Happy Larry Doby Day. It isn’t an official day anywhere, but it should be. Today marks the 66th anniversary of Larry Doby breaking the American League color barrier. This was just three months after Jackie Robinson did the same in the National League. While Jackie Robinson is justifiably praised for his remarkable efforts with a day in his honor (April 15) that is celebrated league-wide, his jersey number retired league-wide and even a Hollywood movie entitled ’42′, Doby doesn’t get the same praise from anywhere outside Cleveland. Larry Doby has always been in Robinson’s shadow despite his outstanding feat and incredible career. Larry Doby deserves a day of his own. At least.
Larry Doby began his career as a professional baseball player at the age of 18 as the second baseman for the Newark Eagles in the Negro League on July 2, 1947. Three days later, on July 5, he was in Cleveland, breaking the color barrier for the American League. He was named the starting second baseman for a second game of the double header the next day and went 1-4 from the plate. That would be his only start of the year. He played sparingly his rookie season racking up just 33 at bats in 29 games. Thanks to Hall of Famer Tris Speaker, Doby converted to centerfield in the spring of 1948. Speaker, the once rumored Ku Klux Klan member, became Doby’s advocate and showed zero signs of prejudice.
Former Plain Dealer sportswriter Hal Lebovitz covered the 1948 Tribe for the Cleveland News. He apparently said several times that Speaker was the key to Doby becoming the seven time All Star he was. Doby had the athletic ability but he needed someone to be on his side and Speaker was just the person for the job. With Speaker’s help, Doby-then 24 years old- stepped into a starting role at centerfield and hit .301/.384/.490 with 14 home runs and helped lead the Tribe to 97 wins, and a World Series victory (the first since 1920) against the Boston Braves. During that series, Doby hit a home run in Game 4 which won the game for the Indians.
That next season was when Doby’s All Star Streak began. That season is when he began to develop into one of the league’s best powerhouse hitters. In 1950 he led the league in on-base percentage at .442, and OPS at .986. Two years later, he led in slugging percentage at .541, wins above replacement with 7, home runs with 32, and runs scored with 104. In 1954, he led again in home runs with 32, and in RBIs with 126, and finished as a runner up to Yogi Berra for the AL MVP. That 1954 season is what helped the Indians win 111 games, and the AL pennant. After the 1955 season, Doby was traded to the White Sox, although that would not ve his last stop, but never had another season like he did while he was in Cleveland.
After his playing career in America and Japan, Doby later went on to coach the Expos, Indians and White Sox. He became the game’s second black manager after Frank Robinson when he replaced the fired Bob Lemon in Chicago. He finished that season 37-50.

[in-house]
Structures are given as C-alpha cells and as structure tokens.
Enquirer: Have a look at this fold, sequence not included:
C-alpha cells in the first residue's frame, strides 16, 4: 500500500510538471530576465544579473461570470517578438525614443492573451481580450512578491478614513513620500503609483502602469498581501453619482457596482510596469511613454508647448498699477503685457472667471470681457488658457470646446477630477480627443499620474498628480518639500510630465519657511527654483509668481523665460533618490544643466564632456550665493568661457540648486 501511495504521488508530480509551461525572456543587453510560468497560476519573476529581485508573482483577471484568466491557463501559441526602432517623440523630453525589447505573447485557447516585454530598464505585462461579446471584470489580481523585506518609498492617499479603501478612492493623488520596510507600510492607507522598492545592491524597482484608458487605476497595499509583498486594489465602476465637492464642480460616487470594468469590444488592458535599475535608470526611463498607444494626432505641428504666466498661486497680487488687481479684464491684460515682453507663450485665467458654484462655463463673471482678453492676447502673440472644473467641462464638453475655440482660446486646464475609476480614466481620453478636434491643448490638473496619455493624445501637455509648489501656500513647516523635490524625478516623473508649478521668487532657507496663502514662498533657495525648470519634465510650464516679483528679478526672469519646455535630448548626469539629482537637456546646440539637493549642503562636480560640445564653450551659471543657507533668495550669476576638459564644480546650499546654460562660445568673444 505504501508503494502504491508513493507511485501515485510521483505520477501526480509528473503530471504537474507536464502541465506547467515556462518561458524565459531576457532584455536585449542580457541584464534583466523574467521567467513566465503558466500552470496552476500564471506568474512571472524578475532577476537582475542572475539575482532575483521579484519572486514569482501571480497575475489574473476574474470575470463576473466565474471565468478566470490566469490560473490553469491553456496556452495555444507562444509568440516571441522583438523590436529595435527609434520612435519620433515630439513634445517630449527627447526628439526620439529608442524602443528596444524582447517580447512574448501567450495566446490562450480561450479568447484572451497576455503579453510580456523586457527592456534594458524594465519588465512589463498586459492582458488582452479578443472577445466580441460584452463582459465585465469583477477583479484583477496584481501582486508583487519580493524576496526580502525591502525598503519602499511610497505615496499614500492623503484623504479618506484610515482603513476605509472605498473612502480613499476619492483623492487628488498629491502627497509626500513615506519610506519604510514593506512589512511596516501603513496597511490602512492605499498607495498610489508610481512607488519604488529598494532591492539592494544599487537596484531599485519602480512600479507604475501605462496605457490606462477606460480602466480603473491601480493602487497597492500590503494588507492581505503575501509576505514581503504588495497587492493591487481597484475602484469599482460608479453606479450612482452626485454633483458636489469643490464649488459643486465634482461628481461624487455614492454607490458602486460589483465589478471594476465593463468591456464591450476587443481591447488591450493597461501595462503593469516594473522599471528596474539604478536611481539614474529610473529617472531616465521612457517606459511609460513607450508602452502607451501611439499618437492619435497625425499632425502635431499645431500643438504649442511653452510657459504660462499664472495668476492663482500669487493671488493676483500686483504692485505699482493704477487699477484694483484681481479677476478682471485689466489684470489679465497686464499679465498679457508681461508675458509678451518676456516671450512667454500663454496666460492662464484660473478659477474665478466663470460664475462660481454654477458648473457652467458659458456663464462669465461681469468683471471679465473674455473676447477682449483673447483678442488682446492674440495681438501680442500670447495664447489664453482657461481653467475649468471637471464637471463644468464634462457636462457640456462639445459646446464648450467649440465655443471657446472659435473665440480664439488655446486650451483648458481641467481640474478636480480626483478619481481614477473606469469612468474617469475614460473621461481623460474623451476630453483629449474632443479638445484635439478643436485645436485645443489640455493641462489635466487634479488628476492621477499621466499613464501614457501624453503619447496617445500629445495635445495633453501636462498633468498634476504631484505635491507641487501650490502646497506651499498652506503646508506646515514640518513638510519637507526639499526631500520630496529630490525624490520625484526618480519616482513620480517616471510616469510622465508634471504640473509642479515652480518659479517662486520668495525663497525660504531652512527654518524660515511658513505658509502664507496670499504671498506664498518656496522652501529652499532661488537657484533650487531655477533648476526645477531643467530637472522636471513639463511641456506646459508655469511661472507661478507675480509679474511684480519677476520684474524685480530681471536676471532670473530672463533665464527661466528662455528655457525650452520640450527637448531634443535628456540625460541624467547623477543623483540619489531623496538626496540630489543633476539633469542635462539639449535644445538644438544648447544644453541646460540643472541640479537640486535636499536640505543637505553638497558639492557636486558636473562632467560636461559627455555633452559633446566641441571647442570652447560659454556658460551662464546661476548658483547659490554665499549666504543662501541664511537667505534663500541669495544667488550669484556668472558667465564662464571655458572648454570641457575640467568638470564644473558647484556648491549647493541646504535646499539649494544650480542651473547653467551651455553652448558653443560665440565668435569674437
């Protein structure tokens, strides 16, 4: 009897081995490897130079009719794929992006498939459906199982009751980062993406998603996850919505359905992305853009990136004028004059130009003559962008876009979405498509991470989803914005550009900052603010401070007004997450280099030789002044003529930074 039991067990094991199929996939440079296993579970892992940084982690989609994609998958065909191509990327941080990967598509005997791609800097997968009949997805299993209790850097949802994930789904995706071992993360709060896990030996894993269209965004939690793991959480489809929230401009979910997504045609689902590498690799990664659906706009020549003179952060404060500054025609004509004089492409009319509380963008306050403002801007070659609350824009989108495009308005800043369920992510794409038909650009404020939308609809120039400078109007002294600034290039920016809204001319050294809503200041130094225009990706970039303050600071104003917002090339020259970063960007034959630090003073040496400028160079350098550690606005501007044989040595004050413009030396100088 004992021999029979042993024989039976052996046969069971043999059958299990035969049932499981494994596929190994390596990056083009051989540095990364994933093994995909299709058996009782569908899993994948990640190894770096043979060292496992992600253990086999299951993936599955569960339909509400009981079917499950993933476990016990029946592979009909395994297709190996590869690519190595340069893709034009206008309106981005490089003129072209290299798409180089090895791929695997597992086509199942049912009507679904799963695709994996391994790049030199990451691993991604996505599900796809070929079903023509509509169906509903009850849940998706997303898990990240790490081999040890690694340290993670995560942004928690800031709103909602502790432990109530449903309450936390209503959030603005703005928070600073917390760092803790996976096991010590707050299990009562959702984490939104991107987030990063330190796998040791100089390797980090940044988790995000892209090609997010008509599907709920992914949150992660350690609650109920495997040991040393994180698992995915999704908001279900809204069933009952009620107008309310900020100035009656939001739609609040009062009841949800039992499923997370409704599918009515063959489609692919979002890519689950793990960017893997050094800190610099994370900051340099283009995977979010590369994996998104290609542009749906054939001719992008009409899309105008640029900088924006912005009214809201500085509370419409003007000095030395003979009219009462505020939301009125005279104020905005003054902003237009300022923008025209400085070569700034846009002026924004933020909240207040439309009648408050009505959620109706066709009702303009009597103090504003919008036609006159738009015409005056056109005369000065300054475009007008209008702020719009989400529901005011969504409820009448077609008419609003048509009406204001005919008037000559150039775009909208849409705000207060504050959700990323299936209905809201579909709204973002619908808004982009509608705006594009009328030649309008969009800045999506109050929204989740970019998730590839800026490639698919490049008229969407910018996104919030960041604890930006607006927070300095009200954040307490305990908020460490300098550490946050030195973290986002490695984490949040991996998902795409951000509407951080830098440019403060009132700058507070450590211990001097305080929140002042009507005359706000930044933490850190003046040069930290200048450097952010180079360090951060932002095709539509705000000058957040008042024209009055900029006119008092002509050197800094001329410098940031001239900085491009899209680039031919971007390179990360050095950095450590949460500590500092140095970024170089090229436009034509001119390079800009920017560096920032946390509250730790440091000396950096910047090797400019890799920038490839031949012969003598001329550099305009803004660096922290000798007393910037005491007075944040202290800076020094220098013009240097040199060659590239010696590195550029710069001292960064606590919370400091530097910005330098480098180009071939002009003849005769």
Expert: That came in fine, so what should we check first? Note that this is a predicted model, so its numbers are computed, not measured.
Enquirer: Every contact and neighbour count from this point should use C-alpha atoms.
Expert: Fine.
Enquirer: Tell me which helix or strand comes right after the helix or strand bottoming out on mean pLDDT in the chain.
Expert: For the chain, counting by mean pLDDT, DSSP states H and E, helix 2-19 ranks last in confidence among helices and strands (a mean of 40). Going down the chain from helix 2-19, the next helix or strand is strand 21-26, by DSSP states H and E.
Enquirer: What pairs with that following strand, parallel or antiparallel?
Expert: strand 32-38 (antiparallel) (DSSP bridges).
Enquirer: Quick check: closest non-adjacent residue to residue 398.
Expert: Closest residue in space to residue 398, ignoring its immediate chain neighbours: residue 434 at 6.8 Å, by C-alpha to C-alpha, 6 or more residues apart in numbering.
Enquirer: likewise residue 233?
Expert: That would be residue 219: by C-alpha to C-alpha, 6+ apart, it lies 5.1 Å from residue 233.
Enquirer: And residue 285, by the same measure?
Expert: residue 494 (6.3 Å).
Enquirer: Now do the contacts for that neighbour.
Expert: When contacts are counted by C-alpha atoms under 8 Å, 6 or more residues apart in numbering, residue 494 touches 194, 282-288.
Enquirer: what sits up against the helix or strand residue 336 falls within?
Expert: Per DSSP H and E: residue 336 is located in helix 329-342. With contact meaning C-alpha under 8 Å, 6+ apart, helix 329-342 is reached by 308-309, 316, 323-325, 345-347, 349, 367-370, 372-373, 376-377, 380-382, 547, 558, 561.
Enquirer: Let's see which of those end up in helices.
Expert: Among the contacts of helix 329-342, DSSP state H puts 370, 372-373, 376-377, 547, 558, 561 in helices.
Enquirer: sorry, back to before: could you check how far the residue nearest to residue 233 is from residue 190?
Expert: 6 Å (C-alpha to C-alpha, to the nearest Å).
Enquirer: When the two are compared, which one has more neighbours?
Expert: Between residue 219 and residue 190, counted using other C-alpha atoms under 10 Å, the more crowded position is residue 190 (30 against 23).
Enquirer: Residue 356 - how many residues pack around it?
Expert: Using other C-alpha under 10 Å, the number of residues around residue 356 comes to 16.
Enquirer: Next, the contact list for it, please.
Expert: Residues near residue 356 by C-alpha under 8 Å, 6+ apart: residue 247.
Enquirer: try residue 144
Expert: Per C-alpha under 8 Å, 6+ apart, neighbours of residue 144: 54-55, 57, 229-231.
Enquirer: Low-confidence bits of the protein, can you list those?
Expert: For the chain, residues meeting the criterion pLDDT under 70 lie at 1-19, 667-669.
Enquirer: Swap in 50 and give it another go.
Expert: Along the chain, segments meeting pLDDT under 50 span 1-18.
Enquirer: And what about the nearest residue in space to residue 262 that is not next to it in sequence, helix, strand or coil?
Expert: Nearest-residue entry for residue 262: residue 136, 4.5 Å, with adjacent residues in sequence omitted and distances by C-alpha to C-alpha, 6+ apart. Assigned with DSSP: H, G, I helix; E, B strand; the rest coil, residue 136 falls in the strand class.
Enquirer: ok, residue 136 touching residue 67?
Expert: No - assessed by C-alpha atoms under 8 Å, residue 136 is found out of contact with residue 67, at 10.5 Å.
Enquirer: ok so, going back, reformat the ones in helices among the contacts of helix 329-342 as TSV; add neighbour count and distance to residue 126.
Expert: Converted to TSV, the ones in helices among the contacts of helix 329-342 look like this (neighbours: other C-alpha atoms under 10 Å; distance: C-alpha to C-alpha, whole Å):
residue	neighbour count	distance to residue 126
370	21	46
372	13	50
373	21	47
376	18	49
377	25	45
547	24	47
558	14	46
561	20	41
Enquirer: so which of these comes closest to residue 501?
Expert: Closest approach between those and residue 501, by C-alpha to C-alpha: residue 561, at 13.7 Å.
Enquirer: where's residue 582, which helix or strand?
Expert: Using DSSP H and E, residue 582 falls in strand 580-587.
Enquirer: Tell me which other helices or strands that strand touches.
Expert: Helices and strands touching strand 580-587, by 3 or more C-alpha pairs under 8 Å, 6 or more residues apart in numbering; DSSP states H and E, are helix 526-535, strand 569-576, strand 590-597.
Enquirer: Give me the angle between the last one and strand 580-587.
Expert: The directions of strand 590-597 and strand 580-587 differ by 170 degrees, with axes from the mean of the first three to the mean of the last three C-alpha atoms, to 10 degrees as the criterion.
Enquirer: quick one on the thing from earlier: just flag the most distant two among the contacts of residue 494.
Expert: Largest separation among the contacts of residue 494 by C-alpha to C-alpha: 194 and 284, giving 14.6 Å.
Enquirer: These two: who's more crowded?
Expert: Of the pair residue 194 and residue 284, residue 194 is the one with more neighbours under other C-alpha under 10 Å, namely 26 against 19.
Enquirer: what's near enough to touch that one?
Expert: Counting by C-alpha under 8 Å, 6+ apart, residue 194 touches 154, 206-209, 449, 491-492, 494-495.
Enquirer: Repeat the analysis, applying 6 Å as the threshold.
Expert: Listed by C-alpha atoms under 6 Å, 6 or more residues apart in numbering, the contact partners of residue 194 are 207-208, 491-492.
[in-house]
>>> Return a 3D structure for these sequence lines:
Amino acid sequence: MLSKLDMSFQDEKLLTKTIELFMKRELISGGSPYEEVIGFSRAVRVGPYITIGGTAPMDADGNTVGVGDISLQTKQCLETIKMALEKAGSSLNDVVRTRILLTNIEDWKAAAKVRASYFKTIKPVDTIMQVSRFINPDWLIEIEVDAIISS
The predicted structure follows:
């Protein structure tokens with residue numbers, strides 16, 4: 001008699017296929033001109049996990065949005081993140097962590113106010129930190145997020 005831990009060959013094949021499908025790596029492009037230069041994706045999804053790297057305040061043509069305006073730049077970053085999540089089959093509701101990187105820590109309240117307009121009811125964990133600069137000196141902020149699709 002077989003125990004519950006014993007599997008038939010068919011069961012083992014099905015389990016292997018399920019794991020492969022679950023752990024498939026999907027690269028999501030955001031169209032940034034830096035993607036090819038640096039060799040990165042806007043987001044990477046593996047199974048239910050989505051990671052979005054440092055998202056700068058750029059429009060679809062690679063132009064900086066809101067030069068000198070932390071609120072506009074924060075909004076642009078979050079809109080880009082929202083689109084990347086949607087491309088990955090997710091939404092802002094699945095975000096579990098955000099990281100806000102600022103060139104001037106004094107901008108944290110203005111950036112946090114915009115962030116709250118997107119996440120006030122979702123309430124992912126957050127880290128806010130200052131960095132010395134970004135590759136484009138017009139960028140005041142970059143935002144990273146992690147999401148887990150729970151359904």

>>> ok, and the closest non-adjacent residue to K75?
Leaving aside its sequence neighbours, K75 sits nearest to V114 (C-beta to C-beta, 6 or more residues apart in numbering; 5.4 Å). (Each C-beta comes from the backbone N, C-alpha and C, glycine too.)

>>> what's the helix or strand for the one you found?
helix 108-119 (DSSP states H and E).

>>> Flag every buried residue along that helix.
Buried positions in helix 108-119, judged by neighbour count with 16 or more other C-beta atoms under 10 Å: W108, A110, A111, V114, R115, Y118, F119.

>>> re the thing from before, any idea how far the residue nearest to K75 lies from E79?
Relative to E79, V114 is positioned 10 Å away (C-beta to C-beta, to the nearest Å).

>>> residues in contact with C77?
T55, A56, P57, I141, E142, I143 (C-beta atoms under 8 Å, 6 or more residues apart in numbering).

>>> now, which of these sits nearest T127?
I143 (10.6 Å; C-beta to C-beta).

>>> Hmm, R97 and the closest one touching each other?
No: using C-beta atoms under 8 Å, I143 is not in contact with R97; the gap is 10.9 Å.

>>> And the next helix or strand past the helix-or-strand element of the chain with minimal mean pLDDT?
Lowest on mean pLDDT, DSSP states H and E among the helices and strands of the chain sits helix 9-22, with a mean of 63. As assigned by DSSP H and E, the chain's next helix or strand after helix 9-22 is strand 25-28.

He first appeared on a Hall Of Fame ballot in 1966. He received jist 2.3% of the vote from the Baseball Writers Association of America, and received just 3.4% the next year. After 1967, he fell off the ballot. The Indians didn’t retire his number until 1994 and it took until 1998, 39 years Doby’s retirement, for voters to elect him to the Hall of Fame-via the Veterans Committee.
Larry Doby passed away in 2003 at the age of 90, and never got a chance to be appreciated like Robinson. Today, should be his day. Doby went through virtually the same violent racism that Robinson faced. The AL was segregated just like the NL was, opposing benches would curse and degrade him, and even his own teammates treated him with coldness including first baseman Eddie Robinson who refused to shake Doby’s hand,. After enduring all that, Doby thrived in the Majors and earned All Star status for seven straight seasons (1949-1955). “The only difference was that Jackie Robinson got all the publicity, You didn’t hear much about what I was going through because the media didn’t want to repeat the same story.” Doby was quoted as saying after his jersey retirement.
As the Cleveland Plain Dealer’s Bill Livingston wrote after Doby’s death;
“Robinson was the first, and would be remembered throughout baseball, with his number (42) retired at every ballpark in the majors on the 50th anniversary of his rookie season. Doby was the pioneer who did not get primacy of place, but who endured the same privations of race. Outside Cleveland, he is probably not a household name. More is the shame.”
Doby did get to relish in one notable first. After his World Series home run in 1948, he was photographed hugging Steve Gromek, the winning pitcher. This picture made newspapers and magazines around the country. It is believed to be the first picture of a black ballplayer and a white ballplayer embracing. It hangs in Cooperstown to this day.
Larry Doby’s statistics only tell the story on paper. Many have been knowns to say that his inner turmoil was such a constant drain on him that he was never able to realize his full potential. If Larry had come up just a little later, when things were just a little better in the outside world, he might very well have become one of the greatest players of all time.